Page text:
So last week I talked a little about the history of the Virtual Boy and then left you hanging. Yes I did find a metric ton of Virtual Boys at Wal-Mart in the summer of '96 in Tennessee, but the amazing thing was that they were on clearance for around $25 each! Yes, I grabbed one and I still have it today!
I really had no interest in buying this Nintendo product, but for that price, brand new, I couldn't pass it up. The system was indeed portable as advertised and ran off 6 AA batteries. I did use it as a tabletop game sometimes, but when I got lazy I became an expert at laying on the couch and balancing the Virtual Boy on my face and chest. I'm sure that I'm not the only person who did that? I had heard that the red and black tones of the game along with the 3-D graphics caused people to have headaches, I personally never had that problem, but I can definitely see how players could have this problem. Fresh out of the box the Virtual Boy came with my favorite game for the Virtual Boy...
Mario Tennis! I was really surprised with how fun this game was. It's a casual game that can be played in a few minutes, the graphics were simple but nice and the control was solid. Speaking of control...
The controller was similar to an original NES controller. I can't quite remember why they had two D-pads, but I remember not using the right one at all. The layout was pretty easy to memorize if you were a previous Nintendo player, which is a good thing since you really couldn't look down while your face was stuck in the visor. My only small issue with the controller is that it is where the 6 AA batteries are stored to power on the system. This creates a bit of weight in the controller and makes it a little uncomfortable to hold for longer periods of time.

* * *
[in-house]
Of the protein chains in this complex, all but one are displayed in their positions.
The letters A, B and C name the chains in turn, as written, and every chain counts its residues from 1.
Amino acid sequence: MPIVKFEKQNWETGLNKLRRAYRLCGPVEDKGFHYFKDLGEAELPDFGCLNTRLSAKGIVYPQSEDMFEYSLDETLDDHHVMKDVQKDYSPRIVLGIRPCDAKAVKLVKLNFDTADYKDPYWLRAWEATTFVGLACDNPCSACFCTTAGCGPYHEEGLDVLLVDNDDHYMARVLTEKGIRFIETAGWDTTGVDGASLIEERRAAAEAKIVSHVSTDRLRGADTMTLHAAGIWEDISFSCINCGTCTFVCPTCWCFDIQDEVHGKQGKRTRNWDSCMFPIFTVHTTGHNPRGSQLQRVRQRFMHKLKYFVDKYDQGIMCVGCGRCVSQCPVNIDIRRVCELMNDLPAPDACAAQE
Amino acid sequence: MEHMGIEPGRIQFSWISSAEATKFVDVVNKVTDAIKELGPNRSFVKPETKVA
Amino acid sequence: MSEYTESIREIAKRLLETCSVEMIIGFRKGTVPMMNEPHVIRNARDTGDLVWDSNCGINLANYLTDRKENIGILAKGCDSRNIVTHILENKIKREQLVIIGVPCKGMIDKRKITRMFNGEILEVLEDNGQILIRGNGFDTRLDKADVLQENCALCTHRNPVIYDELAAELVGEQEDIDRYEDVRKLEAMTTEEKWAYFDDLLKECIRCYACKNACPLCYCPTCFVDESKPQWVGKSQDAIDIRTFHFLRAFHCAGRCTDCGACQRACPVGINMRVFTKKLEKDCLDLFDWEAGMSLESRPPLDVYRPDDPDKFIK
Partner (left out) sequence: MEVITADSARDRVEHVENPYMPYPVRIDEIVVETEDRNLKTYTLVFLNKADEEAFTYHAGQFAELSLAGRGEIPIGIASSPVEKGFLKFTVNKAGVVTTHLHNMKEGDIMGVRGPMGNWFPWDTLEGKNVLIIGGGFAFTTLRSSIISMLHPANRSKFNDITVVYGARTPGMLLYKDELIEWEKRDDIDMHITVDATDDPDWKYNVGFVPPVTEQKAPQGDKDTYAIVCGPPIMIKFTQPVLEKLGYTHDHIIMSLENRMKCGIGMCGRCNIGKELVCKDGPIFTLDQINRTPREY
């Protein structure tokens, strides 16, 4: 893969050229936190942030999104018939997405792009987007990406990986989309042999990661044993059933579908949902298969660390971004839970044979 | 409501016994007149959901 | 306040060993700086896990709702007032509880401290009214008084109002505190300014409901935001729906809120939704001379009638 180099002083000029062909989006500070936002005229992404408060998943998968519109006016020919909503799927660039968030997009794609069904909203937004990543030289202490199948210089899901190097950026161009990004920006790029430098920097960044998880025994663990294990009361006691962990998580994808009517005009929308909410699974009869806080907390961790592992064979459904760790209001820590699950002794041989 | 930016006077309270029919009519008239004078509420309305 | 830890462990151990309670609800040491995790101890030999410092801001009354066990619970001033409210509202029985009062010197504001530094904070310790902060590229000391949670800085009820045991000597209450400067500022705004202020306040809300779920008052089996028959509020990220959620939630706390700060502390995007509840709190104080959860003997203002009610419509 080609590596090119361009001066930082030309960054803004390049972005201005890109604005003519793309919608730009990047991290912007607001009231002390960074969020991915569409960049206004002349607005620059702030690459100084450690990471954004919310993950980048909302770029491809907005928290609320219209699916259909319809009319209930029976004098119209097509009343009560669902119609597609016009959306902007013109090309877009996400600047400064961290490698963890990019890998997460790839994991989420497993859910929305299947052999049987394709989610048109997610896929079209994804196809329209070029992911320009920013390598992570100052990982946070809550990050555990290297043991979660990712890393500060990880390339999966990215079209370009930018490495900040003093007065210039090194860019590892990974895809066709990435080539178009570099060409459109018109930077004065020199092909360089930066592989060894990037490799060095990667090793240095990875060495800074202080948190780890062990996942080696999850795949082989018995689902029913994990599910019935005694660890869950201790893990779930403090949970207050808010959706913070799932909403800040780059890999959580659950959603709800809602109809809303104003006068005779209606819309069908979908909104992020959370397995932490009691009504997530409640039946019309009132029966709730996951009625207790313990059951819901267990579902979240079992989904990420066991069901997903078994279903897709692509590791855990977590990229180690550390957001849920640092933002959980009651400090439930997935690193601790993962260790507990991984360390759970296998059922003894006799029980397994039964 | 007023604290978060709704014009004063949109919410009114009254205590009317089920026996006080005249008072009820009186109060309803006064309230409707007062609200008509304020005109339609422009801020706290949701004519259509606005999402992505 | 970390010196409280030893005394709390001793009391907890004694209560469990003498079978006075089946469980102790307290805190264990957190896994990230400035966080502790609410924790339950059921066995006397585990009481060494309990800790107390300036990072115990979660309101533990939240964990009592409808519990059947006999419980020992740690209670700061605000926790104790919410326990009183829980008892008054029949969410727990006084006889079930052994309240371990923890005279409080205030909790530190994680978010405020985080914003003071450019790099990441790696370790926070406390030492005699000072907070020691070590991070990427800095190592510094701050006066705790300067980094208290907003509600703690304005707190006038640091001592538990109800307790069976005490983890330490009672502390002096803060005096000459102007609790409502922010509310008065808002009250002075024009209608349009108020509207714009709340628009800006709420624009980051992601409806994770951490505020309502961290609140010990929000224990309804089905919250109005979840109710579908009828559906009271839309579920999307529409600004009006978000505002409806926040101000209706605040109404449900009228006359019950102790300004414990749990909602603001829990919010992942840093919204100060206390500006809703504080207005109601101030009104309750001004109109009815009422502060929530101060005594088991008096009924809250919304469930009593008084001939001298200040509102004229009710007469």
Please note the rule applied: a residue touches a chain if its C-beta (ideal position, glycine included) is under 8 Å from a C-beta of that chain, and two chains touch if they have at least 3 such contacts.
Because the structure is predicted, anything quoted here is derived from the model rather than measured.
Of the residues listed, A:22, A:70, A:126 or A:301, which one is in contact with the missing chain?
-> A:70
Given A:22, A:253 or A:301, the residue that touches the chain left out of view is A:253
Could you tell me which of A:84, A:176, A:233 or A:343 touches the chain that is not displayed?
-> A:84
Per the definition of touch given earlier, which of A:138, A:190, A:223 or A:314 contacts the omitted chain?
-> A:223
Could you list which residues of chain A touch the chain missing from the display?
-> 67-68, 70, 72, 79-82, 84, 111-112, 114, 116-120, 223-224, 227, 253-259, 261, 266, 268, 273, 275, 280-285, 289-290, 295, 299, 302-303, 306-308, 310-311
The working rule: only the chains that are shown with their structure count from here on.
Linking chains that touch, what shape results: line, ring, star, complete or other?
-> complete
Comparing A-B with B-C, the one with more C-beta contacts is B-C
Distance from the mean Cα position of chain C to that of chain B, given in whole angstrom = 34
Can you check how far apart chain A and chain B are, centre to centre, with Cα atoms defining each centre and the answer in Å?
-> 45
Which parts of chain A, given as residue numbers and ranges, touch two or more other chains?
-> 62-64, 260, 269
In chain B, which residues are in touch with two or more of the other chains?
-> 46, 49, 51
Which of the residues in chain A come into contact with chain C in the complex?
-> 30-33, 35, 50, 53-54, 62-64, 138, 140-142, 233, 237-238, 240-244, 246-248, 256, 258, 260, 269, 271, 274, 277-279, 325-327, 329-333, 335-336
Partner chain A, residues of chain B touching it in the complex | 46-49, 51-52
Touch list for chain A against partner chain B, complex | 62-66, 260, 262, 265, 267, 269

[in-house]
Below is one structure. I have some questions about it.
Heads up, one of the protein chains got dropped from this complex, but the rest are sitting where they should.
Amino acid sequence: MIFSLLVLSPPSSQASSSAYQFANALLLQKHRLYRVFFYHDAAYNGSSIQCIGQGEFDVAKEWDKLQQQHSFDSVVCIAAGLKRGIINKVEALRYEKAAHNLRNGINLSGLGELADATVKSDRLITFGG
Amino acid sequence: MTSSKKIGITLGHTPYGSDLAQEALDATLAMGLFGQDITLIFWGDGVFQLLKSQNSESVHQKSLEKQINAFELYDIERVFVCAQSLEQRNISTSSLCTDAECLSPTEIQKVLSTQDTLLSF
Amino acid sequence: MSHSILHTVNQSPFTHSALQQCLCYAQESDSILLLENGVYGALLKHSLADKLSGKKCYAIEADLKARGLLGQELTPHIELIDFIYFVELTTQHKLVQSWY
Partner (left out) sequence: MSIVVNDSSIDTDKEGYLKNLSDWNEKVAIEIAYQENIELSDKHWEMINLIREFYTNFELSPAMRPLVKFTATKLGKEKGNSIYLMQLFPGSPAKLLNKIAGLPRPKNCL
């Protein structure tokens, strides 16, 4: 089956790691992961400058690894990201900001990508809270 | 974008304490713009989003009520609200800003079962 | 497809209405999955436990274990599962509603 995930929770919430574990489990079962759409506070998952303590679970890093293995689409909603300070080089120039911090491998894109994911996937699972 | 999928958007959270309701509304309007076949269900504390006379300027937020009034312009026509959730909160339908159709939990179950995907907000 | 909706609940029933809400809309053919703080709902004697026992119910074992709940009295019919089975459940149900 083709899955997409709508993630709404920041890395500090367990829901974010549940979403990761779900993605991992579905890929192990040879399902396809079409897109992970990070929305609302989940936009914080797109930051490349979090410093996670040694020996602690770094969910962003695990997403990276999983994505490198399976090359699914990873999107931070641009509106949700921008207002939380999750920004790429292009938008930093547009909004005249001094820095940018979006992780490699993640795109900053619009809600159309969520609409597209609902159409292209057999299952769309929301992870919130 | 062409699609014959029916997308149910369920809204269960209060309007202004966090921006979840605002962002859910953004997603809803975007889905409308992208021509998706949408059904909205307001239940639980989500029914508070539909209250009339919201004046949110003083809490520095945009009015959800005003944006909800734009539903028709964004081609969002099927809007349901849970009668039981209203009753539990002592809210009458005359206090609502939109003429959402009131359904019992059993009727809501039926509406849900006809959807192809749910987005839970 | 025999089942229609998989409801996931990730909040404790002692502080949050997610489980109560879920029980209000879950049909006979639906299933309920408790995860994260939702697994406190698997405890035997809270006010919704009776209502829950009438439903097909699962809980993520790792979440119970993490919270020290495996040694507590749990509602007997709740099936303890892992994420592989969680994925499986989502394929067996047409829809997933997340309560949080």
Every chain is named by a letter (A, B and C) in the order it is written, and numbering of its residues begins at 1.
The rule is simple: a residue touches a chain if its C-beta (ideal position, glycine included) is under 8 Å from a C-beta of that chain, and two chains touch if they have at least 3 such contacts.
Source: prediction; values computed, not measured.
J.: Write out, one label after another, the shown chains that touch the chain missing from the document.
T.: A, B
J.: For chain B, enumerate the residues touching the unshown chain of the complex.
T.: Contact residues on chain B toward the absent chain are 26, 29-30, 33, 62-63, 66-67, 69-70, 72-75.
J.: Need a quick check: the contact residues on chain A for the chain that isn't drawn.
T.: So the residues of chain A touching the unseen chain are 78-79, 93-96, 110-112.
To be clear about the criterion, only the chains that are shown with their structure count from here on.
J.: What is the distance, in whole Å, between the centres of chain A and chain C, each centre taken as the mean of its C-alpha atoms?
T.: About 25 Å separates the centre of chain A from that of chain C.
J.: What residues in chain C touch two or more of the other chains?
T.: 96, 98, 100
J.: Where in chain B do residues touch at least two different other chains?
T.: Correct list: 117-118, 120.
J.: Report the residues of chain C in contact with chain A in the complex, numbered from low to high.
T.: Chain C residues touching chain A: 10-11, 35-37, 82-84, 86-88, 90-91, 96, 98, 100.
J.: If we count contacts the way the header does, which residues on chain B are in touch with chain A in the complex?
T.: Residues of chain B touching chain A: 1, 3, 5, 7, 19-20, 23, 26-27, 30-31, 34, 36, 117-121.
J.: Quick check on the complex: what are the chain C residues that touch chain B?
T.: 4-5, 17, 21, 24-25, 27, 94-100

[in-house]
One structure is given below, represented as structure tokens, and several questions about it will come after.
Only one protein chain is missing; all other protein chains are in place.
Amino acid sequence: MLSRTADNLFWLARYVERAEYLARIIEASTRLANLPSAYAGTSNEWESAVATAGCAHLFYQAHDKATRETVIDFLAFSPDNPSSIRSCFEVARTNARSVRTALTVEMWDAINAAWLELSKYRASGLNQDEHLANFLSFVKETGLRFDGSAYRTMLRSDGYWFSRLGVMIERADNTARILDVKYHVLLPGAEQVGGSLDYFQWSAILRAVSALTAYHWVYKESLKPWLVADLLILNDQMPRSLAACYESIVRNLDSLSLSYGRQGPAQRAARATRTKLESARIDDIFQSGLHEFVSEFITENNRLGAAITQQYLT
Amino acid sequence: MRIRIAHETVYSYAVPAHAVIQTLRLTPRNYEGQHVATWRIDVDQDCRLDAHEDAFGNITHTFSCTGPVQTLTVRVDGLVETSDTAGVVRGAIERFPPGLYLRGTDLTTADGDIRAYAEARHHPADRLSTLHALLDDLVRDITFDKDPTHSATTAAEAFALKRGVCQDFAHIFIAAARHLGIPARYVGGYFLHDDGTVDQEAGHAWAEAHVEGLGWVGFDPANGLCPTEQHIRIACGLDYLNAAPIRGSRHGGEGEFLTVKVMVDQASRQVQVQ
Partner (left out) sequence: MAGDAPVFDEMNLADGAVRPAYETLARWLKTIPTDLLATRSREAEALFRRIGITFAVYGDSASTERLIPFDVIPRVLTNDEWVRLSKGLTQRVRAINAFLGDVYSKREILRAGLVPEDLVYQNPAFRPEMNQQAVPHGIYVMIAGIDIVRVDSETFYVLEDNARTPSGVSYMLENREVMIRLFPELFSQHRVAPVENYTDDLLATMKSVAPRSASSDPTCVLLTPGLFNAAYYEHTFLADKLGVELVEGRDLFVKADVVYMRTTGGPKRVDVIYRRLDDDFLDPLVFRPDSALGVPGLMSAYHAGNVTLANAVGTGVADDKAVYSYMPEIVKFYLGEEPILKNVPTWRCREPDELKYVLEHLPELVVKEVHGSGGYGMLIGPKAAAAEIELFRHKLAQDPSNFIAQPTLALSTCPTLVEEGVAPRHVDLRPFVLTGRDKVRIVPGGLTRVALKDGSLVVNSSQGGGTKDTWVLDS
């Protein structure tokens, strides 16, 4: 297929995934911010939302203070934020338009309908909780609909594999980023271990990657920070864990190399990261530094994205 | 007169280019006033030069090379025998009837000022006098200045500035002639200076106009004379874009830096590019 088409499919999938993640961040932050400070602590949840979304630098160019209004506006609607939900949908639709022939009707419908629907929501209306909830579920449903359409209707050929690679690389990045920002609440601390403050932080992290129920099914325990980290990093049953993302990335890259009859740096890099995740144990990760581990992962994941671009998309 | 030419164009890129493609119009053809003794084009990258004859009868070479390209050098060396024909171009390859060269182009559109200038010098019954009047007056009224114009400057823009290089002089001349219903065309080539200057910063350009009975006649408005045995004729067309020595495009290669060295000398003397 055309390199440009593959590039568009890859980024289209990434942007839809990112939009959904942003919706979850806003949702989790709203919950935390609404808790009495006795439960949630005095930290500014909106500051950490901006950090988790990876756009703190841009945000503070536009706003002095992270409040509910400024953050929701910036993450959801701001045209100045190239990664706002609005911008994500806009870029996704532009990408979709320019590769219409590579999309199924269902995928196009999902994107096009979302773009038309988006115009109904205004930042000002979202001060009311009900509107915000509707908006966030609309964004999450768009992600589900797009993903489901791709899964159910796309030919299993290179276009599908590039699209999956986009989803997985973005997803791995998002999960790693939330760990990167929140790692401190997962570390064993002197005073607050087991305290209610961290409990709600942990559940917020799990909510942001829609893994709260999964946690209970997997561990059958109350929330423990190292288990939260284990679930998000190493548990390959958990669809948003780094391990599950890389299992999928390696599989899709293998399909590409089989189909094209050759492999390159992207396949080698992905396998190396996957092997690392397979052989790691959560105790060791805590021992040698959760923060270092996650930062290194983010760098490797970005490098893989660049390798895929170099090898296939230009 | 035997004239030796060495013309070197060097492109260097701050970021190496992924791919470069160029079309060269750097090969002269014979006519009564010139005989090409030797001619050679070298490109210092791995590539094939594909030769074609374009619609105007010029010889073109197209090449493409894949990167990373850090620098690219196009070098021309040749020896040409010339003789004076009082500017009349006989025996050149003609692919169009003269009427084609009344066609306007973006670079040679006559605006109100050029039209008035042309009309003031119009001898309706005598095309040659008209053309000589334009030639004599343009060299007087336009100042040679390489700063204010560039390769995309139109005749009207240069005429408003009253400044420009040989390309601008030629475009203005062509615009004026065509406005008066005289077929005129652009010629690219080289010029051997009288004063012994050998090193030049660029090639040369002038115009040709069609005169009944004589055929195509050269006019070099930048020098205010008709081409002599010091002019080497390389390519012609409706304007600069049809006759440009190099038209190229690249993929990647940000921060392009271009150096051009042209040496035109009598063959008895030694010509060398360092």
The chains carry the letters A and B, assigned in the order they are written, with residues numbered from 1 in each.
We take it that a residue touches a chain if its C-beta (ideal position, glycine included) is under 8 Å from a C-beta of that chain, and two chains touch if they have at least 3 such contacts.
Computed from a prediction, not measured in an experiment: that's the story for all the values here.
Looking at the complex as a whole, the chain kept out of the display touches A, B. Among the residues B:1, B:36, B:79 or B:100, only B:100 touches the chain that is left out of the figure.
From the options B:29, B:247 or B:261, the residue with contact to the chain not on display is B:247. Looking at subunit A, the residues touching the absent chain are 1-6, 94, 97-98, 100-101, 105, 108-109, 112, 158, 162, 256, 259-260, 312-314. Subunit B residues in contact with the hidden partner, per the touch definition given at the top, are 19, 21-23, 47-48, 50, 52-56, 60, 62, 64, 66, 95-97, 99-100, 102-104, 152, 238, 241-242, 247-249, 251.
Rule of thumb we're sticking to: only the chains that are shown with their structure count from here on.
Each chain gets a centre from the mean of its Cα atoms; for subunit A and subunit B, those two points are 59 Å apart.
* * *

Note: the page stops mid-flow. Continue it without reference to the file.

This is a backside view of the Virtual Boy. Not much to see here, just a cool design and sleek looking system.
Since I did enjoy Mario Tennis, I searched out and bought a few more games for the system including Mario Clash, Wario Land, Teleroboxer and a Japanese Baseball game. Unfortunately by the time I got into the Virtual Boy there were little to no games for sale at our usual game stops including Babbage's and Electronics Boutique. There were only 22 games released for the system and I just may try to grab them all some day. Until that day comes I have the memories of one of Nintendo's biggest failures sitting on a shelf in my basement and I'm glad I own it. Thank you Mr. Gunpei Yokoi for creating this 32-bit, three dimensional footnote in gaming history!
Do you have any memories of the Virtual Boy? Let us know about it in the comments section below!